The American job landscape has changed dramatically over the last decades. 

According to recent paper from the National Bureau of Economic Research, job reallocation, which is the balance of job creation and destruction in the economy, has fallen more than 25% since 1990, and the rate of hires and separations fell nearly 30% between 1999 and 2010.

In short, there are fewer jobs being developed or phased out, and there's less movement of workers between jobs. 

You might be thinking that's not such a bad thing -- doesn't this mean that things are more stable? 

On one hand it does. For example, the long term rise in stability has led to a significant drop in the overall unemployment rate. 

That's great, except that the forces behind this change also come with some big costs.

How can it ever be bad to have fewer unemployed people?
To understand this question it first helps to understand the context of the trends. What's driving the rise in stability? 

One is an aging workforce. Fewer people competing for jobs means fewer people becoming unemployed. We've also seen some big shifts in the way certain industries function. For example, in the retail sector a few major companies have come to dominate the scene (think Walmart, as opposed to mom 'n pops). Because big companies are more stable, they don't create and destroy jobs as rapidly as small companies do.

So, fewer people competing plus less creation and destruction of jobs means that people are sticking around in their jobs for longer periods of time.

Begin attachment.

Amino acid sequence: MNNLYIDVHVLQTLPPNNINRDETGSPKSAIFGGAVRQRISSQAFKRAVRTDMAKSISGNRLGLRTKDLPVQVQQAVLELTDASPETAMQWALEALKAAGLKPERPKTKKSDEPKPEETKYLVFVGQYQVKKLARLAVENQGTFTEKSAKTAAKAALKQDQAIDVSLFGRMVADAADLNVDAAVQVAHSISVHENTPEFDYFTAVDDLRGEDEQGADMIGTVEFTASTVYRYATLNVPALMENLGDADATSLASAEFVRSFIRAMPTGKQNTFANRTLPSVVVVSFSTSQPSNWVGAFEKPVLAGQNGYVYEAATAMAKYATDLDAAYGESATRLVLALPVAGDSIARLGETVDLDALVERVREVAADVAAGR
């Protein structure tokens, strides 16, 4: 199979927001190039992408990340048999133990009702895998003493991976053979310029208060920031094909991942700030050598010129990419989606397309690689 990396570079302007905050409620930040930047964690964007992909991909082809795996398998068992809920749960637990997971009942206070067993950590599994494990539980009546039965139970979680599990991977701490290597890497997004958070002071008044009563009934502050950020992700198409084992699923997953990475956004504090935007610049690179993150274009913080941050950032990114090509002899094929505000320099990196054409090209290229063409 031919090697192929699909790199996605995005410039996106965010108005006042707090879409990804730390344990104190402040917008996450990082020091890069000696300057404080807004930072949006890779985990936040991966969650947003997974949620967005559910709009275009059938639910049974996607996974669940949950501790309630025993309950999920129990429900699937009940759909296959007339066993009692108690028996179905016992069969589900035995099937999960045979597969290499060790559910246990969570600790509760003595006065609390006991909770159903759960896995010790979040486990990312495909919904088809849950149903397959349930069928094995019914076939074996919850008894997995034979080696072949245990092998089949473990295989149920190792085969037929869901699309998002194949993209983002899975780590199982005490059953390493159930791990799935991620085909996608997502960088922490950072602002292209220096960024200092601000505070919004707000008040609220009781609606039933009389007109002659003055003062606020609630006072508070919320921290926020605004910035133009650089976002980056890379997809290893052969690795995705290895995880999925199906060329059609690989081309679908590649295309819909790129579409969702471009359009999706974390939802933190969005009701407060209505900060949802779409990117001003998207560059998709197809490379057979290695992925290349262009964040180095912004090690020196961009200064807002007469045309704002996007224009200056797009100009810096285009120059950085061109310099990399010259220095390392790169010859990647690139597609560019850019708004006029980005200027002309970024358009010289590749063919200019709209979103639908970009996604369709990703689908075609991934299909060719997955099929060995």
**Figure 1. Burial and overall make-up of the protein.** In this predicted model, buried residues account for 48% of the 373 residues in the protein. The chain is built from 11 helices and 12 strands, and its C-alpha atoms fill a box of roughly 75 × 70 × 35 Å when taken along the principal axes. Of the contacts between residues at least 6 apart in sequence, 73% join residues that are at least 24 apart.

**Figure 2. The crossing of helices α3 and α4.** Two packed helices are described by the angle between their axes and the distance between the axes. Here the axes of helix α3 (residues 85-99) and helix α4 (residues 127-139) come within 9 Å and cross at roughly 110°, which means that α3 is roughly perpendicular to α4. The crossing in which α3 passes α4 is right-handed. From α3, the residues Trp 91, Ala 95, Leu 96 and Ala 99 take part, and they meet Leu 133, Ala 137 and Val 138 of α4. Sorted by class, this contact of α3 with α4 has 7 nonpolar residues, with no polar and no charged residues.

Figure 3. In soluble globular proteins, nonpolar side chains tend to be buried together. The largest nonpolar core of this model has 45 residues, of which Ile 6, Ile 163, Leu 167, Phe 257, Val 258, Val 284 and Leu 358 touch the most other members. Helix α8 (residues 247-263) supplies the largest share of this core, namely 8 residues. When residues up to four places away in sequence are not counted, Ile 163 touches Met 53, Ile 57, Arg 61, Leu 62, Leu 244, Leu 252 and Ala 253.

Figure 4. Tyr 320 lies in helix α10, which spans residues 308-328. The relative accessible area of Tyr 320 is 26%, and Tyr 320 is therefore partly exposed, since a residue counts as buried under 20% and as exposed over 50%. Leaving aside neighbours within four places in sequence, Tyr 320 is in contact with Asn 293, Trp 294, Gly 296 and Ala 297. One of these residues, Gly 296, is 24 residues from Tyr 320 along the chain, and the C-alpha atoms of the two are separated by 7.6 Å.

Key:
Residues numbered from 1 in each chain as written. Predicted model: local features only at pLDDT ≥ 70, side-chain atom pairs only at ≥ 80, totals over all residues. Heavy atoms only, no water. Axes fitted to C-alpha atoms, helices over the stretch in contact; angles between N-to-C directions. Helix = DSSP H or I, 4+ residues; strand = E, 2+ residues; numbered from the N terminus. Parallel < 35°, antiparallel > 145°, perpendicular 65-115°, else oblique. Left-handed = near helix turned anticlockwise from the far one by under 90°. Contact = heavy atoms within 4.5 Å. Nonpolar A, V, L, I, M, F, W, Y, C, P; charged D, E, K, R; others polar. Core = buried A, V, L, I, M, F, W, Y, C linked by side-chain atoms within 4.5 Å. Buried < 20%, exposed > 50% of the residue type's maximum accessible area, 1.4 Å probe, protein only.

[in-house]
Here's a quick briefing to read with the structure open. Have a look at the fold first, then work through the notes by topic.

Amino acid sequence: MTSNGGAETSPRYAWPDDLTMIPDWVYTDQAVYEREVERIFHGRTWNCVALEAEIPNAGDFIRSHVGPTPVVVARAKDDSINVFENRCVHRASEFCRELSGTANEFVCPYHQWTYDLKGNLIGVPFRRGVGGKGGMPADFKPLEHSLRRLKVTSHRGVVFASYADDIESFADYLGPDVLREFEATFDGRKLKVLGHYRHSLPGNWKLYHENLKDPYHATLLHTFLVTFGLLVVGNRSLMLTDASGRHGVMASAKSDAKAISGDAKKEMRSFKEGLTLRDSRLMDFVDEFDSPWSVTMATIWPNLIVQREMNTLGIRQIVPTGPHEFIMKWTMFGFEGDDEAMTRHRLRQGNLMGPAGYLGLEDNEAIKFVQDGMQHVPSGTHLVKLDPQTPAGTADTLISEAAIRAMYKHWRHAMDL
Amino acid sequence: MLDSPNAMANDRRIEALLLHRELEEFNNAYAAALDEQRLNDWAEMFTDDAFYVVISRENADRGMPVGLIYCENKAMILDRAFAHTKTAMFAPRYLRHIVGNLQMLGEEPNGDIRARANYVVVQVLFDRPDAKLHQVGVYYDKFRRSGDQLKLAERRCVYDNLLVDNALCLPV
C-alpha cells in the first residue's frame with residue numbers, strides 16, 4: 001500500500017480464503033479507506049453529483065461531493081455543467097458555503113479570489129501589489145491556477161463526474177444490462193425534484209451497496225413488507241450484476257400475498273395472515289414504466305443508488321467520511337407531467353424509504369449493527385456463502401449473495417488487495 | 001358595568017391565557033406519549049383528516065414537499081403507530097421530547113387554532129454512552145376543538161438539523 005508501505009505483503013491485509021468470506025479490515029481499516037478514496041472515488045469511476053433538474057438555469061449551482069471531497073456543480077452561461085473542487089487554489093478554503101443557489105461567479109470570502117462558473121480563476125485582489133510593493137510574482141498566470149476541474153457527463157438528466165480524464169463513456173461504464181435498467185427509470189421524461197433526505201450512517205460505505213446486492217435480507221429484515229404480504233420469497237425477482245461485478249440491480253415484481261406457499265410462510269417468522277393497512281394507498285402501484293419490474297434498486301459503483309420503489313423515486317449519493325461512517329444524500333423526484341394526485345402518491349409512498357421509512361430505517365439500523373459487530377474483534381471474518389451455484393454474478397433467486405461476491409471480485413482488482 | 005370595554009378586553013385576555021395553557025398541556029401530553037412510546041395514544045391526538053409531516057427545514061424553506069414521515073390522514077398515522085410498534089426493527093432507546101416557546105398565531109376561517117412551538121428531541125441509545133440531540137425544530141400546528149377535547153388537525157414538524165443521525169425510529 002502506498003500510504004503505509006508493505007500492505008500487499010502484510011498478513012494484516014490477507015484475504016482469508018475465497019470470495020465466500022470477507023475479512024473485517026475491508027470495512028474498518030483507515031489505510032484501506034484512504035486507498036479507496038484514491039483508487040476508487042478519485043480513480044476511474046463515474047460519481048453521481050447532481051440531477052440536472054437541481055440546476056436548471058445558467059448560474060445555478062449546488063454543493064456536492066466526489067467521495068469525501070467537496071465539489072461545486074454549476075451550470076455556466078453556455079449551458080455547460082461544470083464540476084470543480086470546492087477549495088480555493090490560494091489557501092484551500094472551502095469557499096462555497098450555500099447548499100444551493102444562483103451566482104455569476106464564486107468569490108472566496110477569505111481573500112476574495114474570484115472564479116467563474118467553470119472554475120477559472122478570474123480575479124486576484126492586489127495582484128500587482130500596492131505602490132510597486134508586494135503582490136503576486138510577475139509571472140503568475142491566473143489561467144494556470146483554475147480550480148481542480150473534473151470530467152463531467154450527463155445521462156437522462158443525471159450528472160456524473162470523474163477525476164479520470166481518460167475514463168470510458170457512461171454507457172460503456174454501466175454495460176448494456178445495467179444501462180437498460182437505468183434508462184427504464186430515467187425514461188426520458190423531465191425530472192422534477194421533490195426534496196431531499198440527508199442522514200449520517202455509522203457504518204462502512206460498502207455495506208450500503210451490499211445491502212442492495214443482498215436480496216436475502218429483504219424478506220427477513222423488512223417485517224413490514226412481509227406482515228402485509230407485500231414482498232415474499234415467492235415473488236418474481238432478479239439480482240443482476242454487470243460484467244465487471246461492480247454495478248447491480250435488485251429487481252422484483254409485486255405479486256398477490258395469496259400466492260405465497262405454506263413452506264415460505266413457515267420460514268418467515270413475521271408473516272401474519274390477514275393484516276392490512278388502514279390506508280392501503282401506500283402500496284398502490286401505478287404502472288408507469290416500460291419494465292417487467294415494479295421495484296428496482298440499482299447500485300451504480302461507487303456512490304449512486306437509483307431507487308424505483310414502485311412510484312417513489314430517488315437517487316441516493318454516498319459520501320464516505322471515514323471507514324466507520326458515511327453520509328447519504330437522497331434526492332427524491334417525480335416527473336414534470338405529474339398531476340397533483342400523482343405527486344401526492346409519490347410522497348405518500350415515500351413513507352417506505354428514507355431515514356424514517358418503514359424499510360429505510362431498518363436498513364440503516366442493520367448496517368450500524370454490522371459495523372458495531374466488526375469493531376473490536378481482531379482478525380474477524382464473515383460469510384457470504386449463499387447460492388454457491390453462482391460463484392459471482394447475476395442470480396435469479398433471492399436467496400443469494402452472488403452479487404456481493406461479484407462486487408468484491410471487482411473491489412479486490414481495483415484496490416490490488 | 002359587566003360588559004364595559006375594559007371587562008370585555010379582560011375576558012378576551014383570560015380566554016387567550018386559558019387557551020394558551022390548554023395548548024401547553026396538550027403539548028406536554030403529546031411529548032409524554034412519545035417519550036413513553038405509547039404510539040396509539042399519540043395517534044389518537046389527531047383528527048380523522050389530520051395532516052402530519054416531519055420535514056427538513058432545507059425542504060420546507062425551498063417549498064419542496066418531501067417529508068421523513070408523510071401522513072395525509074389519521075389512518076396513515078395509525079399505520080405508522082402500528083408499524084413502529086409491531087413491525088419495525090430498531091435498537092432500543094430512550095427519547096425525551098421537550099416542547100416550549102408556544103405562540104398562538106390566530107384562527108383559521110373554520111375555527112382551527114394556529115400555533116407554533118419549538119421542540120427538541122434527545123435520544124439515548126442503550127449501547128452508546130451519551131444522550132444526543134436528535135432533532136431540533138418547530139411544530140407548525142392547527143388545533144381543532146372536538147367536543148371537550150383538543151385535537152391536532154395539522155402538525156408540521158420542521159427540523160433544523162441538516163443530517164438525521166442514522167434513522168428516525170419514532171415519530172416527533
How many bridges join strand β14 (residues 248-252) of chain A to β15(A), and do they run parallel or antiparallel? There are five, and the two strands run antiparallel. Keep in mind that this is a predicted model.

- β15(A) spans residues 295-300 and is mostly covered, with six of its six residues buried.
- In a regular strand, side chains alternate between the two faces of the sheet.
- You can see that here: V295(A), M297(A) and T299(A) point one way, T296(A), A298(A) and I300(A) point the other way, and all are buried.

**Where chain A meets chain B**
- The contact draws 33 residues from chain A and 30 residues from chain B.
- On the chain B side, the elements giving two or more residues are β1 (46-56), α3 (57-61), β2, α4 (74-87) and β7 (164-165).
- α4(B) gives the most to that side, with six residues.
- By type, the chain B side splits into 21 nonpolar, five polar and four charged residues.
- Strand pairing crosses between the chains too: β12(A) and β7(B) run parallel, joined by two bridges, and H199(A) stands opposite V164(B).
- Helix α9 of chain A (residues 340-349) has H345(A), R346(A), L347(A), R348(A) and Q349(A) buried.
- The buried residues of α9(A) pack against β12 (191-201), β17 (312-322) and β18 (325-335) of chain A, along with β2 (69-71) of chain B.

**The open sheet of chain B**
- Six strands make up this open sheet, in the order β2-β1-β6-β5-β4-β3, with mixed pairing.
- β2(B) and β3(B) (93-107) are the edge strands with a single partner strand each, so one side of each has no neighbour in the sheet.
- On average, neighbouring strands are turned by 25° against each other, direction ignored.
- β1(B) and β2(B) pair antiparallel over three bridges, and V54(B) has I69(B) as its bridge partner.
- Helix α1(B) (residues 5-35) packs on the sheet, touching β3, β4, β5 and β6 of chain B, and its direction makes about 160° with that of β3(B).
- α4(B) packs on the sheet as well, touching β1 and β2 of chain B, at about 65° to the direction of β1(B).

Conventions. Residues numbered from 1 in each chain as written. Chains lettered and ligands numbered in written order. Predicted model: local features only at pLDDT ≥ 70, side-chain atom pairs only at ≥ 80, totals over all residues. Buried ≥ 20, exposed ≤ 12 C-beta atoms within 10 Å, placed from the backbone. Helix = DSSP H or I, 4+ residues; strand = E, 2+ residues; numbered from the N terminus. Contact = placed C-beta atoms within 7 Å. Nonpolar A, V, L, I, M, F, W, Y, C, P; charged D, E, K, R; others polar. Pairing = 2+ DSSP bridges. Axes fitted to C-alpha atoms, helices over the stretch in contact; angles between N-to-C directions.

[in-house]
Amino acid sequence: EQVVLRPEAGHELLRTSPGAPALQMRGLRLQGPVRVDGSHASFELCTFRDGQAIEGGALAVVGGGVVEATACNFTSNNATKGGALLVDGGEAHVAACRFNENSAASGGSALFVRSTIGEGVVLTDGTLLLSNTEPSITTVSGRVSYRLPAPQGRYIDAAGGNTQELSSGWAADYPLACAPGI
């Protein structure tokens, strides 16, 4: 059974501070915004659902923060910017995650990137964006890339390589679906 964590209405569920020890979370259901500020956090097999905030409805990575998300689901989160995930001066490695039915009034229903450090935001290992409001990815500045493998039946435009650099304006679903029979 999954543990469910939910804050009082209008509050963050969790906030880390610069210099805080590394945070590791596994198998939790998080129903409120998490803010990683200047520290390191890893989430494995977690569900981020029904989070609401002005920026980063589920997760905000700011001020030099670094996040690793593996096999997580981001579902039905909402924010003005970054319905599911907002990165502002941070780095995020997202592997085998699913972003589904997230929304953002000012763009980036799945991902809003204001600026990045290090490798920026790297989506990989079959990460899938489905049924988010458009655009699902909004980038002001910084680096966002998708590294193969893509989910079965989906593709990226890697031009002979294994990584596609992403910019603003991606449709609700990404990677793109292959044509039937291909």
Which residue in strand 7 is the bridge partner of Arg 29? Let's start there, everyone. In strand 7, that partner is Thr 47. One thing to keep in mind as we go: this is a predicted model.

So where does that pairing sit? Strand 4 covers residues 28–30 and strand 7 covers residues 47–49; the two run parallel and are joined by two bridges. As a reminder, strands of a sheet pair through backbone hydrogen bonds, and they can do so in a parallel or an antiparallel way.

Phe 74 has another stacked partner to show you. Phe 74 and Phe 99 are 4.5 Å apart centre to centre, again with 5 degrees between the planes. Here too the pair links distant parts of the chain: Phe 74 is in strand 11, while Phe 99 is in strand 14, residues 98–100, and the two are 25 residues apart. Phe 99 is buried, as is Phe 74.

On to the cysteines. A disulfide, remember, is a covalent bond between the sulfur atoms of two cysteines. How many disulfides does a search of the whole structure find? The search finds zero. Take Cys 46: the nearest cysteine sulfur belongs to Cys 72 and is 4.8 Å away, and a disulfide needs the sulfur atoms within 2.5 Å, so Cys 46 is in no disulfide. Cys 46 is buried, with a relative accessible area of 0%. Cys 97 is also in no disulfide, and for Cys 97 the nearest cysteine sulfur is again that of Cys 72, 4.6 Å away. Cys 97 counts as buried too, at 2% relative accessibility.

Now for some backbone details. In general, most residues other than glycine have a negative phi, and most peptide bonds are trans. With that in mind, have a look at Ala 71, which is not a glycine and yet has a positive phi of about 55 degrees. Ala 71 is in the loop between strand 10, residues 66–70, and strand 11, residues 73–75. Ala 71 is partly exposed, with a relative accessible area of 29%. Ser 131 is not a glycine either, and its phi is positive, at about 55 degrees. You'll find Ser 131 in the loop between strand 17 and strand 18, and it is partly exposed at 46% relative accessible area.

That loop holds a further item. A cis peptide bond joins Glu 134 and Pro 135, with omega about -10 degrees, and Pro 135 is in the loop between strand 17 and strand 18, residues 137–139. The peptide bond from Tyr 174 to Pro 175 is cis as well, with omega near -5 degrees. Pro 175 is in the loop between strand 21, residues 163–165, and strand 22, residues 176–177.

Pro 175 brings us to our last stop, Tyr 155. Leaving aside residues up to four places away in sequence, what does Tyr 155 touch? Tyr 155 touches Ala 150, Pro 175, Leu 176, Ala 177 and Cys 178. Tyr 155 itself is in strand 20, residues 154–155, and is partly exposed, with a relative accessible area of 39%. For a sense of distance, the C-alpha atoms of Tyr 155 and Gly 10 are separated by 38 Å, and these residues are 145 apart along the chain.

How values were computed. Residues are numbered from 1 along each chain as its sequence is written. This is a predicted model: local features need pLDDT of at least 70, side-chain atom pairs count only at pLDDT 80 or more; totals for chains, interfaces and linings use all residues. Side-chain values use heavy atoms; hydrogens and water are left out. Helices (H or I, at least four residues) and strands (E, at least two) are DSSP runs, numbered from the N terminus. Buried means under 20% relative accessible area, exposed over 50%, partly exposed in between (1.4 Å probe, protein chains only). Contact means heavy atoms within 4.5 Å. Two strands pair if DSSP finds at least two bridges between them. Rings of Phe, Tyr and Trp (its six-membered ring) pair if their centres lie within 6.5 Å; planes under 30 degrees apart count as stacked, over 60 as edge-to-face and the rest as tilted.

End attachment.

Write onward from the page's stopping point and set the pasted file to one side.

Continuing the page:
It sounds like a good thing, except that it can also make things worse for the people who do fall into unemployment. They tend to stay out of work longer, and the consequences are pretty sizable, ranging from a drop in wages to poorer physical health and emotional wellbeing. We really do suffer when we're out of work.

Fewer new jobs also means slower wage growth
The other cost is that with less opportunity to get a new job, people are missing out on a massive source of wage growth. Changing jobs is a great way to get a boost in salary and advance your career. 

How important is it? According to the ADP Workforce Vitality Index, in the last quarter compensation growth rates looked like this:

Compensation Growth

Same Job

New Job

Men

0.7%

5.7%

Women

0.8%

4.6%

Staying in a job means a bit of wage growth; changing jobs means a lot of wage growth. So less opportunity to switch jobs could hurt your ability to make more money over the long haul.

It's not all doom and gloom: The ADP Research Institute estimates that, overall, conditions have improved by about 10% for the average salaryman/woman in the past three years. But a long-term structural shift in the number of new jobs being created can end up having a significant effect on long-term wage growth.

Could there be other costs to less hiring by small firms?
Finally, the rise of big firms has come with a fall in employment by small or young firms. Historically, new firms provide some of the critical lifeblood of economic growth: they tap new markets, help develop new skills, and provide some of the creation and destruction that goes along with economic growth. 

How much have things changed? In 2011, young companies (in business less than five years) employed 10.7% of the labor force. Back in 1982 that number was 19.2%.

Fewer small firms hiring means fewer new jobs, means less wage growth for you and me. But you have to wonder if it also means fewer new rising stars -- or at least less "sharing" of the glory in those rising stars across the economy. 

In other words, there's no such thing as a free lunch
In the case of unemployment, even some seemingly promising long-term trends can come with costs. 

Even something as seemingly unambiguously fabulous as lower overall unemployment can have costs over the long run.

Makes you appreciate those new job opportunities all the more. 

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